February 2012 data for the S&P/Case-Shiller Condo Price Indices were published on Tuesday April 24th, revealing that condo prices fell in all five of the metro areas covered by our indices – Boston, Chicago, Los Angeles, New York and San Francisco. All five cities have shown falling condo prices for at least five consecutive months and are down on an annual basis.
The Chicago index reported the largest decline, down 2.4%, in February versus January. The San Francisco index was next, falling by 1.5%. Condo prices in Boston, Los Angeles and New York fell by 1.1%, 0.1% and 0.3% in February, respectively.
With February’s report, Chicago posted the largest annual decline,-9.1%, with all of the weakness coming in the last six months. Chicago condo prices have fallen each month in September through February by a cumulative 16.5%. In addition, Chicago posted a new low in February 2012. With an index level of 97.66, average condo prices in Chicago are back to their October 1999 levels.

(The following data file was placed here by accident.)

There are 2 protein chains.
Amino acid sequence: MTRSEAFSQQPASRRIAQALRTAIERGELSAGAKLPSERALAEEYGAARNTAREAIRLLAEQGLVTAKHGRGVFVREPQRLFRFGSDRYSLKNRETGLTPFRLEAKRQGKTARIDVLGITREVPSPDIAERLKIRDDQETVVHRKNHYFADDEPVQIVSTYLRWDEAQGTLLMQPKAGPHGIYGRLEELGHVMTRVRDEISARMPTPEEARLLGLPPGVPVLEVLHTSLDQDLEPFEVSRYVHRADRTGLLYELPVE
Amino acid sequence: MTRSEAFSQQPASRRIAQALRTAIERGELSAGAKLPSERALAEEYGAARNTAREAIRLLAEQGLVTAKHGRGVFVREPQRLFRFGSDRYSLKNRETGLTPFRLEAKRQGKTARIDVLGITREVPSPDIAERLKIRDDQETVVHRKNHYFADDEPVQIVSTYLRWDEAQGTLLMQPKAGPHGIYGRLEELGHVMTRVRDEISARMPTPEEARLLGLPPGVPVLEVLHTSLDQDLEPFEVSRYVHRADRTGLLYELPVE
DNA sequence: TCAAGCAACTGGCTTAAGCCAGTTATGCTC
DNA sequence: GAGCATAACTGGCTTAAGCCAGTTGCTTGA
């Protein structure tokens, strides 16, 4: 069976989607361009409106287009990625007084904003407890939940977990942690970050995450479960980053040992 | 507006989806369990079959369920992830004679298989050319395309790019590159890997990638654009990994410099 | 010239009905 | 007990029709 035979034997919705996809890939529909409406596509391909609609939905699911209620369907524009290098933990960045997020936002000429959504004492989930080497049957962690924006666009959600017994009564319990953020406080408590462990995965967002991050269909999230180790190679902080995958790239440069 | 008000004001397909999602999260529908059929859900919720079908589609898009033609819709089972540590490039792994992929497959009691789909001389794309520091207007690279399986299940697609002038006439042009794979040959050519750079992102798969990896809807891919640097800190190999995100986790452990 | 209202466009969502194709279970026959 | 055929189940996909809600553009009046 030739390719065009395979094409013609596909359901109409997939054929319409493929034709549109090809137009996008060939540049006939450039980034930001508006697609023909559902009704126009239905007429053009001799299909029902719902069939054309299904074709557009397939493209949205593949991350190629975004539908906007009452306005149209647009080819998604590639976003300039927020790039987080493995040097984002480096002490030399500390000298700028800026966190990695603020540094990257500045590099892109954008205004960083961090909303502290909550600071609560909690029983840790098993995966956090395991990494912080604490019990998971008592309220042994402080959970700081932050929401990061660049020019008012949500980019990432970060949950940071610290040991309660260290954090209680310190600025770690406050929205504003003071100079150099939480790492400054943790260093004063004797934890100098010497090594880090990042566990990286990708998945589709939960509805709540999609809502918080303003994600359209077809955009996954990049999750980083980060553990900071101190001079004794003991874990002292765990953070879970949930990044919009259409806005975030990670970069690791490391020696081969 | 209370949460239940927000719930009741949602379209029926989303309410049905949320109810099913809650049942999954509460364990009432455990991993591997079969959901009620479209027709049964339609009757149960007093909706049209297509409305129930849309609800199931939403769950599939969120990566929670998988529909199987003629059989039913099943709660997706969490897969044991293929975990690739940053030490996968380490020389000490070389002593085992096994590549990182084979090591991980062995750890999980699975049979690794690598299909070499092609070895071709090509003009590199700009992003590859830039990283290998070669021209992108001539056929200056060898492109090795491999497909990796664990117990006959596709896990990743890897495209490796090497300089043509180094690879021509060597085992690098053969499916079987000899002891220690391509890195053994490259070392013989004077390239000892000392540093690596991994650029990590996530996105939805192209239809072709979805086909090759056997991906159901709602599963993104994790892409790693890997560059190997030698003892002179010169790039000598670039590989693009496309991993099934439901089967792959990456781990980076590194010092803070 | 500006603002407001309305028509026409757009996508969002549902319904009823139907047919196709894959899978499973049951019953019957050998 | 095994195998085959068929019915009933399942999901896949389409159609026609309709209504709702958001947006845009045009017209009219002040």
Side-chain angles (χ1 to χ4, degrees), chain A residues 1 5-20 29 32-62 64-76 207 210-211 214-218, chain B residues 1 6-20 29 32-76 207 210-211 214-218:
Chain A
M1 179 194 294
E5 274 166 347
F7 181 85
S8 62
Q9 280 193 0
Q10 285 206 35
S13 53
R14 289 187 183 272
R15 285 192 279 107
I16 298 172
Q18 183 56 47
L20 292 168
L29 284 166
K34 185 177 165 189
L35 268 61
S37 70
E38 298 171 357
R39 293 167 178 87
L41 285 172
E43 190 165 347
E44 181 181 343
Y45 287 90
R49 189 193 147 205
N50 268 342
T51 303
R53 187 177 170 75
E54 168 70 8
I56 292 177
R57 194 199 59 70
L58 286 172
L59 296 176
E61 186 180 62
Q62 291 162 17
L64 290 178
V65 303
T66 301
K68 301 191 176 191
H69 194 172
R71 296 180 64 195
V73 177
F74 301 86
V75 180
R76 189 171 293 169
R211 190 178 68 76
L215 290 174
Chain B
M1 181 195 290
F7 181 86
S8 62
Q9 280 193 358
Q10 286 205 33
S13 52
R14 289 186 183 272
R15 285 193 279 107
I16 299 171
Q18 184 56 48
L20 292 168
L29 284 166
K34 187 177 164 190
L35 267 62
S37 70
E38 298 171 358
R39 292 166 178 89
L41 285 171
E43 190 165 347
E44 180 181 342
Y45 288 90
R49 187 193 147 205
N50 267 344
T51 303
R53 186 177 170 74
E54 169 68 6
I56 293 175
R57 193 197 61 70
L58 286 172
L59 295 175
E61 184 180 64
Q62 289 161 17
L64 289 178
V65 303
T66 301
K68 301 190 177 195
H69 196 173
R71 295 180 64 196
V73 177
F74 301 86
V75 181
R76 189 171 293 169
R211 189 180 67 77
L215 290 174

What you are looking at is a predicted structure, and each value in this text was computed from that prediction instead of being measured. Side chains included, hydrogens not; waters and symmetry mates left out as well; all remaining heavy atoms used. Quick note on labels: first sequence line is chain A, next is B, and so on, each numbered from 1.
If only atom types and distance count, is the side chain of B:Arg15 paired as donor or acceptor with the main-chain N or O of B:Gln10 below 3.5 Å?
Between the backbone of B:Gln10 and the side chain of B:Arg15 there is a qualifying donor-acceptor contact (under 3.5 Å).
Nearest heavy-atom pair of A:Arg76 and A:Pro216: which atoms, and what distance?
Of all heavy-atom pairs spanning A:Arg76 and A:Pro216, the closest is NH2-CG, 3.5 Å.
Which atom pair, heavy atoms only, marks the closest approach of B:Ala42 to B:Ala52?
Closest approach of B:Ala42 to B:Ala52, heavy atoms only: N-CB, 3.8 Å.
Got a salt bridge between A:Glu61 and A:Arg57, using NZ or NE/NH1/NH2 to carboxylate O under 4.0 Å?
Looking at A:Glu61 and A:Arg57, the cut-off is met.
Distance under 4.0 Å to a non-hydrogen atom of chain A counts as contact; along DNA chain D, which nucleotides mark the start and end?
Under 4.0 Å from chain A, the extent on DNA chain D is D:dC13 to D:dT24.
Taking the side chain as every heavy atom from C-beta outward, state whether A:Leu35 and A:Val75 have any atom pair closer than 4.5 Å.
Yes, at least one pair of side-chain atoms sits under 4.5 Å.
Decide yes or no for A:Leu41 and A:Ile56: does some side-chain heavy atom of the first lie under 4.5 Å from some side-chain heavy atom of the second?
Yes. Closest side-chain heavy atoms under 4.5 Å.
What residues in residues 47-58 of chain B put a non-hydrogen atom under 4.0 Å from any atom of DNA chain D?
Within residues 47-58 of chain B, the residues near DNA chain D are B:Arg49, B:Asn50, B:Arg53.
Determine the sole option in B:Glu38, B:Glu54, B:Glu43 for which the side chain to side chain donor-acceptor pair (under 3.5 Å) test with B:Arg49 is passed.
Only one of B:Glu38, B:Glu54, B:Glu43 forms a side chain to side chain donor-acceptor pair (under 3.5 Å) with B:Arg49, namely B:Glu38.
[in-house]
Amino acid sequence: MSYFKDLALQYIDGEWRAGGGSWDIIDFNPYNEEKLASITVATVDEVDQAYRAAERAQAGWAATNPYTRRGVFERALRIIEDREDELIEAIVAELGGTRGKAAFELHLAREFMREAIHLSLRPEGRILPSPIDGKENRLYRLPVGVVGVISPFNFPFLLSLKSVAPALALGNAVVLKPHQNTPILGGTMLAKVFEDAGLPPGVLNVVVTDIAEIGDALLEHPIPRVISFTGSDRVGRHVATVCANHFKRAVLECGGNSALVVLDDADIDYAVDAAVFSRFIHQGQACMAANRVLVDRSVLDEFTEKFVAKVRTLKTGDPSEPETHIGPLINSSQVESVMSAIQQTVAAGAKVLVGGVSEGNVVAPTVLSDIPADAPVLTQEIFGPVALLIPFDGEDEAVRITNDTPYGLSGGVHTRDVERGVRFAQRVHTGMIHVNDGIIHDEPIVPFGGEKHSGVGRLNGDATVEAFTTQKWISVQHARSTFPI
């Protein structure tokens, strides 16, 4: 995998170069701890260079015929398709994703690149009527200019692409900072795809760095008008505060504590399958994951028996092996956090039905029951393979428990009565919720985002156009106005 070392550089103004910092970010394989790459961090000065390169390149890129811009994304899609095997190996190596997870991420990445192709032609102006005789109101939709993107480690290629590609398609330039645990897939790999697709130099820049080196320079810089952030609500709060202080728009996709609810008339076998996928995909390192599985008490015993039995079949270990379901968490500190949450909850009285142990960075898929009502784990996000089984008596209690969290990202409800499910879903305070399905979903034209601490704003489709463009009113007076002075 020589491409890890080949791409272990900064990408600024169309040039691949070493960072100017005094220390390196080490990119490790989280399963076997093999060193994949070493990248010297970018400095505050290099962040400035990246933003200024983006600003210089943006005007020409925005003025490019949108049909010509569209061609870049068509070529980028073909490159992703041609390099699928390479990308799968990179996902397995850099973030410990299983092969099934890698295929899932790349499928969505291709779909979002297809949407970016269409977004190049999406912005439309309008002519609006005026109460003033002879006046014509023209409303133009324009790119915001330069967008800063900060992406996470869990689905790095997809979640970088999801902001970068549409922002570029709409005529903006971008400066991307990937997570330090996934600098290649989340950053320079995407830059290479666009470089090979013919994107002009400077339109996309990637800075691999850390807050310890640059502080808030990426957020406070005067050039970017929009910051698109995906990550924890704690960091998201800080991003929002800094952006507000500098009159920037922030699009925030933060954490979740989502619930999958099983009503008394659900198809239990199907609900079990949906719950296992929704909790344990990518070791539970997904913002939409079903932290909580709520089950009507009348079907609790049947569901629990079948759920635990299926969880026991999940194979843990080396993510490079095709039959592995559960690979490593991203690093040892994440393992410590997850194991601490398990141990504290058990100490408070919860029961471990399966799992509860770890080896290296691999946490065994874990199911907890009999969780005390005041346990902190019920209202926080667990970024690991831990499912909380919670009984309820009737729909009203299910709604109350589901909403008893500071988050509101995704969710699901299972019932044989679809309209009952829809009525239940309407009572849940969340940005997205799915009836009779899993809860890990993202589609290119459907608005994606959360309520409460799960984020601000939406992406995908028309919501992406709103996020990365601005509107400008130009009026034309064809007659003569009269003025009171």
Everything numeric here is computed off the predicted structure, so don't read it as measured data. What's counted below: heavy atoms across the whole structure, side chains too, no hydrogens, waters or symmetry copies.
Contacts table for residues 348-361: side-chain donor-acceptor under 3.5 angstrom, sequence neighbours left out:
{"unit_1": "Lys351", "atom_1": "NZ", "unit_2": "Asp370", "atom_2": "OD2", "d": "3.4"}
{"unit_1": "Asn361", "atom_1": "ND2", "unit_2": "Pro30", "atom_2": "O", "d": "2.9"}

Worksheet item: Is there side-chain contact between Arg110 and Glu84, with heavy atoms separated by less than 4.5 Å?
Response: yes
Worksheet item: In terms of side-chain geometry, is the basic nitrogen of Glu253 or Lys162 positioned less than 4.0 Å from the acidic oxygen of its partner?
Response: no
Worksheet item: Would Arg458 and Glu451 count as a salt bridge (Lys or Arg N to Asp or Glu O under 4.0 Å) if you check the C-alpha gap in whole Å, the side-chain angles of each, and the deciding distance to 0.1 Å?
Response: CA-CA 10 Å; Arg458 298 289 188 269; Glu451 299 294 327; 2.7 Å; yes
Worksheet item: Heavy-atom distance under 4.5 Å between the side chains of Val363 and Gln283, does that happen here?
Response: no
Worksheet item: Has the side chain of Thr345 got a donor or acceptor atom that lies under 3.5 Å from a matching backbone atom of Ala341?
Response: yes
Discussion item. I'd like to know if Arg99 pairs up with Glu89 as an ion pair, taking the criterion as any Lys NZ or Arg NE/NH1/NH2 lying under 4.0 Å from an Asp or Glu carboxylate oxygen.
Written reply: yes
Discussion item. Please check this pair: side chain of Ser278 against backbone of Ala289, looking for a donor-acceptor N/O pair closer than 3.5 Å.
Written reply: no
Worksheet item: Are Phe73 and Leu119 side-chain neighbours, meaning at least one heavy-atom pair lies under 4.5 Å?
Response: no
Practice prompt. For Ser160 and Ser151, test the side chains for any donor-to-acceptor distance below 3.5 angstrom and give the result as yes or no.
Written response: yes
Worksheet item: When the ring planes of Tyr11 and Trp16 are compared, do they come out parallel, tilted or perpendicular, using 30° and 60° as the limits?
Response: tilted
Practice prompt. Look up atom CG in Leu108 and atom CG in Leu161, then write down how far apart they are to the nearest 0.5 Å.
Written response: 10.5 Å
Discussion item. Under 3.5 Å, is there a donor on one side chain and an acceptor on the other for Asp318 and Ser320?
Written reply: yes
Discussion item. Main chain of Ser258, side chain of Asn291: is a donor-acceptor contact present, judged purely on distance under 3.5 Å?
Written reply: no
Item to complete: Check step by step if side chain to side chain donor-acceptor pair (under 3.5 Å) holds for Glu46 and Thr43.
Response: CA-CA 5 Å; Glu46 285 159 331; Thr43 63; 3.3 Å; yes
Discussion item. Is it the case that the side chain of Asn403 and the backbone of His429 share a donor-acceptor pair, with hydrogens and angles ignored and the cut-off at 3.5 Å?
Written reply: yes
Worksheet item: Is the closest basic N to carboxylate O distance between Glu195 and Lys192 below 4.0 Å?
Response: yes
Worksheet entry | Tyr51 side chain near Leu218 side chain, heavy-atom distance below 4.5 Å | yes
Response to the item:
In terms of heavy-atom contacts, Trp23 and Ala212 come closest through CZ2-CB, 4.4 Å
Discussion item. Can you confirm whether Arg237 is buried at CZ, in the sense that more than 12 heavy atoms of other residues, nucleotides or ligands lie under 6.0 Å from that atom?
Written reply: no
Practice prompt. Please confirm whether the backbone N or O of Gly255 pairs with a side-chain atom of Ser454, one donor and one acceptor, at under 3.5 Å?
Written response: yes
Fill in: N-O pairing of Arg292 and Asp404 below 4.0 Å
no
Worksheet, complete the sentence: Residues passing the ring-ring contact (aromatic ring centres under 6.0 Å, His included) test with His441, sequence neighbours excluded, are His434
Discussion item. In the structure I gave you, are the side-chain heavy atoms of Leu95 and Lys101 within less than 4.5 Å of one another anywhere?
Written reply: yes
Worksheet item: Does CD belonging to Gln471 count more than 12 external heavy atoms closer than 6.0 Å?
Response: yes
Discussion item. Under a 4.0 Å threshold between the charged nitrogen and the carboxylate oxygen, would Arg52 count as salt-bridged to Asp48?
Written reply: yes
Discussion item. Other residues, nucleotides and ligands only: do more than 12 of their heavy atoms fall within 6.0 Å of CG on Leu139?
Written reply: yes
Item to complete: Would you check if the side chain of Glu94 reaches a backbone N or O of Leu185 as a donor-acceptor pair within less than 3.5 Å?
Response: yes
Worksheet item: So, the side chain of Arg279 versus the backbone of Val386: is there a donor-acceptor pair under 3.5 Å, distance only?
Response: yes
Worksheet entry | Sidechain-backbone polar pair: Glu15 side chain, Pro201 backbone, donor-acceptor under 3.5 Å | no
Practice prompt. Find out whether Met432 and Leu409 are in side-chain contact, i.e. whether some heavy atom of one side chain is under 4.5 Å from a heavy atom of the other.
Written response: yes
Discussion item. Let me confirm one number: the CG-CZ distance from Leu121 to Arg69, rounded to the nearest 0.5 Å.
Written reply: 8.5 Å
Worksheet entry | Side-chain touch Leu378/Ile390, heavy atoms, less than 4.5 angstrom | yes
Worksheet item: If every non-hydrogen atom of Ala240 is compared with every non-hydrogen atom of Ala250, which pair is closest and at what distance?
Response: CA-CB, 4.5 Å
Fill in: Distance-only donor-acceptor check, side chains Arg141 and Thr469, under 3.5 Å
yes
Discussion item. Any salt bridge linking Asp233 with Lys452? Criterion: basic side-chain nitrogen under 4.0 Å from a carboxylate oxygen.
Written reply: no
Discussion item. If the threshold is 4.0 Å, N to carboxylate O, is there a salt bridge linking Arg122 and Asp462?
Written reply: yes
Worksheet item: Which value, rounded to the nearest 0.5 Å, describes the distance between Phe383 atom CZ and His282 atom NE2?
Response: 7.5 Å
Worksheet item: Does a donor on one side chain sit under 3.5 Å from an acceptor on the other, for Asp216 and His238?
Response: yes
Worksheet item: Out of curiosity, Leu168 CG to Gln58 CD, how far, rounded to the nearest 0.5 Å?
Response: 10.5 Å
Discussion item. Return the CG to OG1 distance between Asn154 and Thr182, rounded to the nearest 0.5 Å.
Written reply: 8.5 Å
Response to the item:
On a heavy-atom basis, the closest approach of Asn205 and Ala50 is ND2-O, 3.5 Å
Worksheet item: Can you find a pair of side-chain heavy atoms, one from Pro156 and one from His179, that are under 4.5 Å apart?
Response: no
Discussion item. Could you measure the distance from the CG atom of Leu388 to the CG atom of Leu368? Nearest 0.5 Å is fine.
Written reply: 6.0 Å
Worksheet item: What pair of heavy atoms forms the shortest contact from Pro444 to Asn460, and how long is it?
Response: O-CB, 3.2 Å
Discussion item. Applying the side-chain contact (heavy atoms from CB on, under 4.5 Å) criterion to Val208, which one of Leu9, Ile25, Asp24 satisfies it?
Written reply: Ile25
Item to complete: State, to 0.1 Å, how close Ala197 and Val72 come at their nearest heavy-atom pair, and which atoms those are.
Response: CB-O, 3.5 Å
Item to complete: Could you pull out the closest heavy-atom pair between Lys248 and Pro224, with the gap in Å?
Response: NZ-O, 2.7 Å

Los Angeles condo prices have fallen 19 consecutive months, were down 6.7% at an annual rate and also hit a new crisis low in February 2012. San Francisco’s condo market has fallen 10 consecutive months and also posted a new crisis low in February. Average condo prices in San Francisco are down 6.4% versus February 2011. Boston showed an annual decline of 1.2%; the New York market was down 0.9%. While New York has not seen as large declines as the other markets in the last six months, it too has hit a new post-crisis low.
The chart below compares the index levels for the five condo markets covered by the indices, rebased to 1995 = 100. The grey, blue and red lines represent Chicago, Los Angeles and San Francisco, respectively. Chicago is well below the other cities, showing that average condo prices are back to their October 1999 levels. On average Los Angeles condo market prices are back to their mid-2003 levels; while San Francisco prices are back to early-2002 levels.
As measured by both home and condo prices, the Boston and New York condo market are relatively more stable, as the table below highlights. The New York condo market is down 0.9% on an annual basis; while Boston is down 1.2%. This compares to the other three annual declines of at least 6.4%. While we are observing differences across the regions, both home and condo prices remain relatively weak across all five markets.